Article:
A scheme to build a five-storey block of student flats on the site of a hand car wash at the Vogue Gyratory in Brighton has been rejected unanimously.
The proposal for 65 self-contained studio flats included communal areas, cycle parking, a plant room and storage for rubbish and recycling.
The applicant, the property developer McLaren, has already started work on a four-storey building on a neighbouring site. And it hopes to build another block on the other side of Lewes Road in the centre of the Gyratory.
Fourteen people living in neighbouring homes in Gladstone Place were among the objecters to the building which they said would tower over their homes.
Brighton and Hove City Council Planning Committee was told that the site – between the Bear pub and the Gladstone – was in an area with many HMOs (houses in multiple occupation). It is popular with students.
Planning agent Jim Tarzey, a director of Pegasus Planning Group, said that the building would sit in a tall building corridor and that there were taller buildings along Lewes Road.
He said that McLaren was developing the building next door. The latest proposed scheme had a wider front making it suited to an extra storey.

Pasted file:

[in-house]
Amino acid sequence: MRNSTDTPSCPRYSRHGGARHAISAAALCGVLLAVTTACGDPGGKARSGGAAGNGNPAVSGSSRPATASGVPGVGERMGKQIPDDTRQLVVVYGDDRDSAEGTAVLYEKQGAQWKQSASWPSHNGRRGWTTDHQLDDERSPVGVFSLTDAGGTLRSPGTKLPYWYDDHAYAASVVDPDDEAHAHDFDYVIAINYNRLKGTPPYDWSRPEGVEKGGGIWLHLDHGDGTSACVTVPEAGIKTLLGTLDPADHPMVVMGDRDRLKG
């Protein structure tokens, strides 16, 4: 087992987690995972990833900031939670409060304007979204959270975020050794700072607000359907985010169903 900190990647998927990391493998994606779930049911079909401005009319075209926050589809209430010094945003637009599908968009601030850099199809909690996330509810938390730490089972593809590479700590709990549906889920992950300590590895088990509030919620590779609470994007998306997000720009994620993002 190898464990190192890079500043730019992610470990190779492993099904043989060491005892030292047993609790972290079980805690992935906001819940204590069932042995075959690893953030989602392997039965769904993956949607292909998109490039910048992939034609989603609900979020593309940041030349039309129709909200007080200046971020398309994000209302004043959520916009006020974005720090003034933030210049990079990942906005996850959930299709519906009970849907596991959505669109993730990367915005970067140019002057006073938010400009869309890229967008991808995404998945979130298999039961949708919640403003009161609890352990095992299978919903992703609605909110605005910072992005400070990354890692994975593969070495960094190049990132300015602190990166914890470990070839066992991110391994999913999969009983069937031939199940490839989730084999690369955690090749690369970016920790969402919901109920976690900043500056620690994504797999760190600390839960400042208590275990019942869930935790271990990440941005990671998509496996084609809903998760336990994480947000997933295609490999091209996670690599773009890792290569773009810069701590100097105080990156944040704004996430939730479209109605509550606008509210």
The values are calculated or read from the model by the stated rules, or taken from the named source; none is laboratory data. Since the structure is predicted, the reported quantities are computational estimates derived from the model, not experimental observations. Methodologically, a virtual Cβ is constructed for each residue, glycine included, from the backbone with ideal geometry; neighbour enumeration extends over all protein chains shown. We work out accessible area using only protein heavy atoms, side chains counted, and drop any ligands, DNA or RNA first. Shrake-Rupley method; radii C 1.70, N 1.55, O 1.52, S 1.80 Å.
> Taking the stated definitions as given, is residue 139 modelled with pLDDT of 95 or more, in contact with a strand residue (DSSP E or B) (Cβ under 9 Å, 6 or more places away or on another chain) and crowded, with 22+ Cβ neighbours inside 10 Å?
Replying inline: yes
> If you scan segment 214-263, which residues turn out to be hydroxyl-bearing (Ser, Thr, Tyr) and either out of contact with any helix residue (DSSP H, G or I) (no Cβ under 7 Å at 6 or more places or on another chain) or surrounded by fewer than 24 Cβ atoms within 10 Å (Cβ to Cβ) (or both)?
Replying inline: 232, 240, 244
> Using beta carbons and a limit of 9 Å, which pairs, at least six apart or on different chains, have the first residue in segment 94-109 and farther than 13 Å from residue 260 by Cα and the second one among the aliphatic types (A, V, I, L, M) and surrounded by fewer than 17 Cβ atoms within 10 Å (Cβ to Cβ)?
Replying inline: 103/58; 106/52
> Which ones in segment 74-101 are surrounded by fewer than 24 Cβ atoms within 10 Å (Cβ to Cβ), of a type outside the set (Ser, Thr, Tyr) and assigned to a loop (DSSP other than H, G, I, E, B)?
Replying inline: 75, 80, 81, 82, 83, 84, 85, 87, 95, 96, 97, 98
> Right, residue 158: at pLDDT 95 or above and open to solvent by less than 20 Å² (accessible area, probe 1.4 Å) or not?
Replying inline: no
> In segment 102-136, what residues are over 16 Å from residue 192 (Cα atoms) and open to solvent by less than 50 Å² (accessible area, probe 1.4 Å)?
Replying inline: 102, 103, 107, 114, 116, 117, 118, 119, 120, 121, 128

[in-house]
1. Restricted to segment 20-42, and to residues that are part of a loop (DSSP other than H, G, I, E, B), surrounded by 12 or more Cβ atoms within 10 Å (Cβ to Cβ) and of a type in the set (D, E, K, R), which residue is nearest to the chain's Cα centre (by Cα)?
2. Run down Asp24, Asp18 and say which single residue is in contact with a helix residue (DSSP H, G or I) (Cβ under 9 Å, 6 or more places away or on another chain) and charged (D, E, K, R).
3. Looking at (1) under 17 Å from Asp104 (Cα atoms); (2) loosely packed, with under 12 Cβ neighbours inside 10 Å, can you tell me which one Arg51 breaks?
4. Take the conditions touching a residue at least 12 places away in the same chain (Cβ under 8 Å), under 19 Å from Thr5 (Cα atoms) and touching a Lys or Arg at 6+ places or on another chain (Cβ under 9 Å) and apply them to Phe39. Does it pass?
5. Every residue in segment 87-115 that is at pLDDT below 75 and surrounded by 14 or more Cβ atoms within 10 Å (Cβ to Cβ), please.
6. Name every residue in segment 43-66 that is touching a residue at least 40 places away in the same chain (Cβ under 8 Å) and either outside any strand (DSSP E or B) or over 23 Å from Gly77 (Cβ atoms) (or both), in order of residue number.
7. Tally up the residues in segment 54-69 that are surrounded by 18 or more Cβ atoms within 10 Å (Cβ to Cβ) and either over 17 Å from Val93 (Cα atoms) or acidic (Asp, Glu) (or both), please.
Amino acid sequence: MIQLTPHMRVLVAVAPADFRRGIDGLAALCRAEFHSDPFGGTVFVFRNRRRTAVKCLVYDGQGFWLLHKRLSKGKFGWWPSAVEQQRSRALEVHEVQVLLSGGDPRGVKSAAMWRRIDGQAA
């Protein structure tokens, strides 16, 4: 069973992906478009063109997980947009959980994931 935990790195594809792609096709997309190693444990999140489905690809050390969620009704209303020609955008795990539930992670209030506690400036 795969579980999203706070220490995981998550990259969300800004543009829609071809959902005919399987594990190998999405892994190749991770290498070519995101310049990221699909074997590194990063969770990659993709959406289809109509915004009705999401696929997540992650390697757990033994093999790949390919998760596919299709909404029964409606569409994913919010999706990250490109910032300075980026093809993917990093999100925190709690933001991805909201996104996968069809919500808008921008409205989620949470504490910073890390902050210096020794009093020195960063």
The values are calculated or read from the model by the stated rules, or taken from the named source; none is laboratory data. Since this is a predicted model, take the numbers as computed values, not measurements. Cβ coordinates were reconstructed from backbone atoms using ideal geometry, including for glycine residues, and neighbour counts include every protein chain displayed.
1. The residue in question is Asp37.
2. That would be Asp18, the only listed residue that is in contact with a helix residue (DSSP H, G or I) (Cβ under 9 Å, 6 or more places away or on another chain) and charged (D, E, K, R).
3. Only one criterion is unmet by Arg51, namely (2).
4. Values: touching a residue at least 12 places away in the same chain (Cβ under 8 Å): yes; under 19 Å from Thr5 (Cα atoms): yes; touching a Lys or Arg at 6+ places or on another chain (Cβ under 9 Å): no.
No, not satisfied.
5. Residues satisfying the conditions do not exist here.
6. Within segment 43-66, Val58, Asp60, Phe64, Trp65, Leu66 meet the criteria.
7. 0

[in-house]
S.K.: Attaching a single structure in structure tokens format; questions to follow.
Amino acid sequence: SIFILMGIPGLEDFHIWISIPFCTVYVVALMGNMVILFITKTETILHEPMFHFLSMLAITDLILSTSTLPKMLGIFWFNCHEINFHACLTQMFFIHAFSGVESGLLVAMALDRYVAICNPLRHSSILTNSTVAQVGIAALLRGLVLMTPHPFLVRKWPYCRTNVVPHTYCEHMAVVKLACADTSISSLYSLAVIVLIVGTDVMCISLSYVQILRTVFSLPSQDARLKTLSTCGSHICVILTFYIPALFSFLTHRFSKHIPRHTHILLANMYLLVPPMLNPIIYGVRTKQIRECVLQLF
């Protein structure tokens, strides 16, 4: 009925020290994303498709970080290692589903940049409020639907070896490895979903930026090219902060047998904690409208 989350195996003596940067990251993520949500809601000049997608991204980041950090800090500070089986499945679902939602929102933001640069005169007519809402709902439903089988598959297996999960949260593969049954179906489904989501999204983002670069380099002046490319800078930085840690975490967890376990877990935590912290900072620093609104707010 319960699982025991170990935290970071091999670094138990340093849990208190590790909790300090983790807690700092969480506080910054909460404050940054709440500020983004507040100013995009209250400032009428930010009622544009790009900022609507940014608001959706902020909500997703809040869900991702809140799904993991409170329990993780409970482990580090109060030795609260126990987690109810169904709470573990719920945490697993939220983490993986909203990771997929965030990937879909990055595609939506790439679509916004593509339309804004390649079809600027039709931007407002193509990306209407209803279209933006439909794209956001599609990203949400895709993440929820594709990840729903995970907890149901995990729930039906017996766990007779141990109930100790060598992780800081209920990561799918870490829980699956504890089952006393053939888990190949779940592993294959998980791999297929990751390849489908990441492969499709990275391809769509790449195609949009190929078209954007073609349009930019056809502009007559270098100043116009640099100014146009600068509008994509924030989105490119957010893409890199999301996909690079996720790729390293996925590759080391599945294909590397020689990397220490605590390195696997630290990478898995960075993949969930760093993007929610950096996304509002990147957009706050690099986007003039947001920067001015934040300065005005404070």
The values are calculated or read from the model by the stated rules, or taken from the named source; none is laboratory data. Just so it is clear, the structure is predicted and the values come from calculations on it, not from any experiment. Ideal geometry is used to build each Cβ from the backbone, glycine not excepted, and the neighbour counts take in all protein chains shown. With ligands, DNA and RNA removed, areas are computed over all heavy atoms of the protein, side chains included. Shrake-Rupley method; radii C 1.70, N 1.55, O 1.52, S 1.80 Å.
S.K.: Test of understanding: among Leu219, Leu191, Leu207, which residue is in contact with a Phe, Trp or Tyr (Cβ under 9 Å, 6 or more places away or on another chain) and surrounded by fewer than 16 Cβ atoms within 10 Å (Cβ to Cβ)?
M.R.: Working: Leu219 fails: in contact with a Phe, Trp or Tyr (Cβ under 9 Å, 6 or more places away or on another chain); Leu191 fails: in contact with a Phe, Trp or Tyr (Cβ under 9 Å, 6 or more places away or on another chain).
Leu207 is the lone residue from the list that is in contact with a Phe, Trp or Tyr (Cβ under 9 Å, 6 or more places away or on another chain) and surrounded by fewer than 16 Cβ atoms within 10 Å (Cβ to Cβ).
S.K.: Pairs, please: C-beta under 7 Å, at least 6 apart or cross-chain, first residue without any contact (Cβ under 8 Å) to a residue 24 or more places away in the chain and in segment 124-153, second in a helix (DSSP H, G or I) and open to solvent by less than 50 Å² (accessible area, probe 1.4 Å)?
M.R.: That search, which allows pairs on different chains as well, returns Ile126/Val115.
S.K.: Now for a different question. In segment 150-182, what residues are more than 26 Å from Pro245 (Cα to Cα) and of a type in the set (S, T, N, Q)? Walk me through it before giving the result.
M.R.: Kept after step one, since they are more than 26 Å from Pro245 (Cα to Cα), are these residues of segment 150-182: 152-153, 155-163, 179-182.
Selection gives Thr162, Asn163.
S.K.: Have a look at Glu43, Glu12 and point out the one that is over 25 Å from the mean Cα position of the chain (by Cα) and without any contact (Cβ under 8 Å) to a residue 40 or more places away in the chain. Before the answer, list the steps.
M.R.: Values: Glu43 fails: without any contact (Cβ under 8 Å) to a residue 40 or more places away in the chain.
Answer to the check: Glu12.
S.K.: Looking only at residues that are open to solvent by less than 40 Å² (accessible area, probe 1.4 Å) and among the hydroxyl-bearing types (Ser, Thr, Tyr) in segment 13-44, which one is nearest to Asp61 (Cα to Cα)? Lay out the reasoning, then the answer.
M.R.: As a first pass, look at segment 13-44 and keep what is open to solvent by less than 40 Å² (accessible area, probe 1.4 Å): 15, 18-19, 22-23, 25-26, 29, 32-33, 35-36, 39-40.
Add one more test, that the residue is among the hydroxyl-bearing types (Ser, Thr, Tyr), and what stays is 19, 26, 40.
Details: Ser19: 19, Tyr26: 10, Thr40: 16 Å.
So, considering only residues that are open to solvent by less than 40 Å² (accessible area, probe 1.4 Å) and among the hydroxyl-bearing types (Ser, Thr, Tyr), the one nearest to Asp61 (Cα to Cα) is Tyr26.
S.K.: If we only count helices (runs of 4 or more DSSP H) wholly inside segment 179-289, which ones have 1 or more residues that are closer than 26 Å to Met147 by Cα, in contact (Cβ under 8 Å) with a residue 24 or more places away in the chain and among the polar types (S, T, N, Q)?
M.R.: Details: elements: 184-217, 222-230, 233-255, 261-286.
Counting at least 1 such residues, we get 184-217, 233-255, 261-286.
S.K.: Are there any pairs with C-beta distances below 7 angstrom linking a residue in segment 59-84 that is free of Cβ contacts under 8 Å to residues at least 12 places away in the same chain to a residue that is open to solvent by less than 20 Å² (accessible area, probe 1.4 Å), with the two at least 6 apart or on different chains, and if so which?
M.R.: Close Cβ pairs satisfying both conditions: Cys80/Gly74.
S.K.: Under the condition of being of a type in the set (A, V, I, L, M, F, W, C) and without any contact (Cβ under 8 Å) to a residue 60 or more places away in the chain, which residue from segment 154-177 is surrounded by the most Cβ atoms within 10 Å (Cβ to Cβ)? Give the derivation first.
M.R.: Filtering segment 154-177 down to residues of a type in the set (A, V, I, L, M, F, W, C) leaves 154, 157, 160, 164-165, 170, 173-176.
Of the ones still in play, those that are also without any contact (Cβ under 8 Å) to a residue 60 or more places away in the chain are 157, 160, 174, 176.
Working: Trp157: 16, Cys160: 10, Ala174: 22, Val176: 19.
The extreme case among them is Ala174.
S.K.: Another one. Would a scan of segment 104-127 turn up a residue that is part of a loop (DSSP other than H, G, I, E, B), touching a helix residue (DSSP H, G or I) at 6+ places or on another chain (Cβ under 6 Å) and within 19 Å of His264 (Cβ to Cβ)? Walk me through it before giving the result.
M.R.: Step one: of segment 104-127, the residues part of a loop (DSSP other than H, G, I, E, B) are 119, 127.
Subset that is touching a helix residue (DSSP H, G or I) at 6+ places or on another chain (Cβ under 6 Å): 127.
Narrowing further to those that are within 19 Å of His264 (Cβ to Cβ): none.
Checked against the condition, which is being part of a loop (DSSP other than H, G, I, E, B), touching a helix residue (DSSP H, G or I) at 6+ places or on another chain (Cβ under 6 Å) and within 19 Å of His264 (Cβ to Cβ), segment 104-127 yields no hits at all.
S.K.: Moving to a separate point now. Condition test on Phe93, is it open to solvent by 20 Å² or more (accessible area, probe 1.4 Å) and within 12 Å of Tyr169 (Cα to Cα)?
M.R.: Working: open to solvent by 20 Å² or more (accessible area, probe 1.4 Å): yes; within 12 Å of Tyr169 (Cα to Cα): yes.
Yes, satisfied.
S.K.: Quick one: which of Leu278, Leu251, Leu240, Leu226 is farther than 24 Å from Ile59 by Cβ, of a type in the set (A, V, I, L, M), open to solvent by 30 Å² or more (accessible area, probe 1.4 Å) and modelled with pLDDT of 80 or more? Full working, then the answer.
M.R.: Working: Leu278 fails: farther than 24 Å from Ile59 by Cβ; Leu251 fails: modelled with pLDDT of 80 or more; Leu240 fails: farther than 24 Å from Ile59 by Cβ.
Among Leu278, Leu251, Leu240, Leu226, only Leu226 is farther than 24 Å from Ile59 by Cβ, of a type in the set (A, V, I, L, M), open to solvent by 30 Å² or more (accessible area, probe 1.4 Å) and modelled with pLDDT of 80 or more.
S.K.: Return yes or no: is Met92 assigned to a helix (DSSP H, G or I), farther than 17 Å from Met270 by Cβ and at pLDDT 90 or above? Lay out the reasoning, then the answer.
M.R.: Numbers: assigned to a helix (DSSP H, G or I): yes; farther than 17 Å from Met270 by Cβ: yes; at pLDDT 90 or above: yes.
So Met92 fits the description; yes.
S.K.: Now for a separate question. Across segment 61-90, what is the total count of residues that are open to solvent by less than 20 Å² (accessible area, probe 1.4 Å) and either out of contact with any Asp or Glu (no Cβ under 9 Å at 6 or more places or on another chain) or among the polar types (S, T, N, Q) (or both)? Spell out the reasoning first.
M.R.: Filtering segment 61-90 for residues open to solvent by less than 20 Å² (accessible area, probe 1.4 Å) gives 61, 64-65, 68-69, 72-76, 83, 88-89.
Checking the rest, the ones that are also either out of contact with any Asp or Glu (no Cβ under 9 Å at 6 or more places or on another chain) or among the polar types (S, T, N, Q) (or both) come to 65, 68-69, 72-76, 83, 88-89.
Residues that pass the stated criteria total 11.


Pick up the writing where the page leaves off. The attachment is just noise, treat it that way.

Mr Tarzey added that the proposed purpose-built managed student accommodation was needed in Lewes Road. It will free up family homes, he said, and contribute to the city’s housing supply.
Former Planning Committee chairman Les Hamilton was one of a number of members to set out reservations although several welcomed the scheme in principle.
Councillor Hamilton criticised the 18 square metre size of the proposed student flats when they would conventionally be twice the size. He added: “There’s too much development on this site.”
After the 12 members of the Planning Committee unanimously rejected the scheme in a meeting at Hove Town Hall, committee chairman Phélim Mac Cafferty addressed the developer.
He said that he hoped that they would be in touch with planning officials to discuss how the scheme could move forward.
Outside the meeting McLaren said that it would be in touch with the council planning department with the aim of submitting a revised application.
If this is done within six months, the company would avoid having to pay another £25,000 application fee.
It is believed that the scheme has already cost a six-figure sum and the total bill will rise as the proposal is redesigned and the supporting paperwork is completed.
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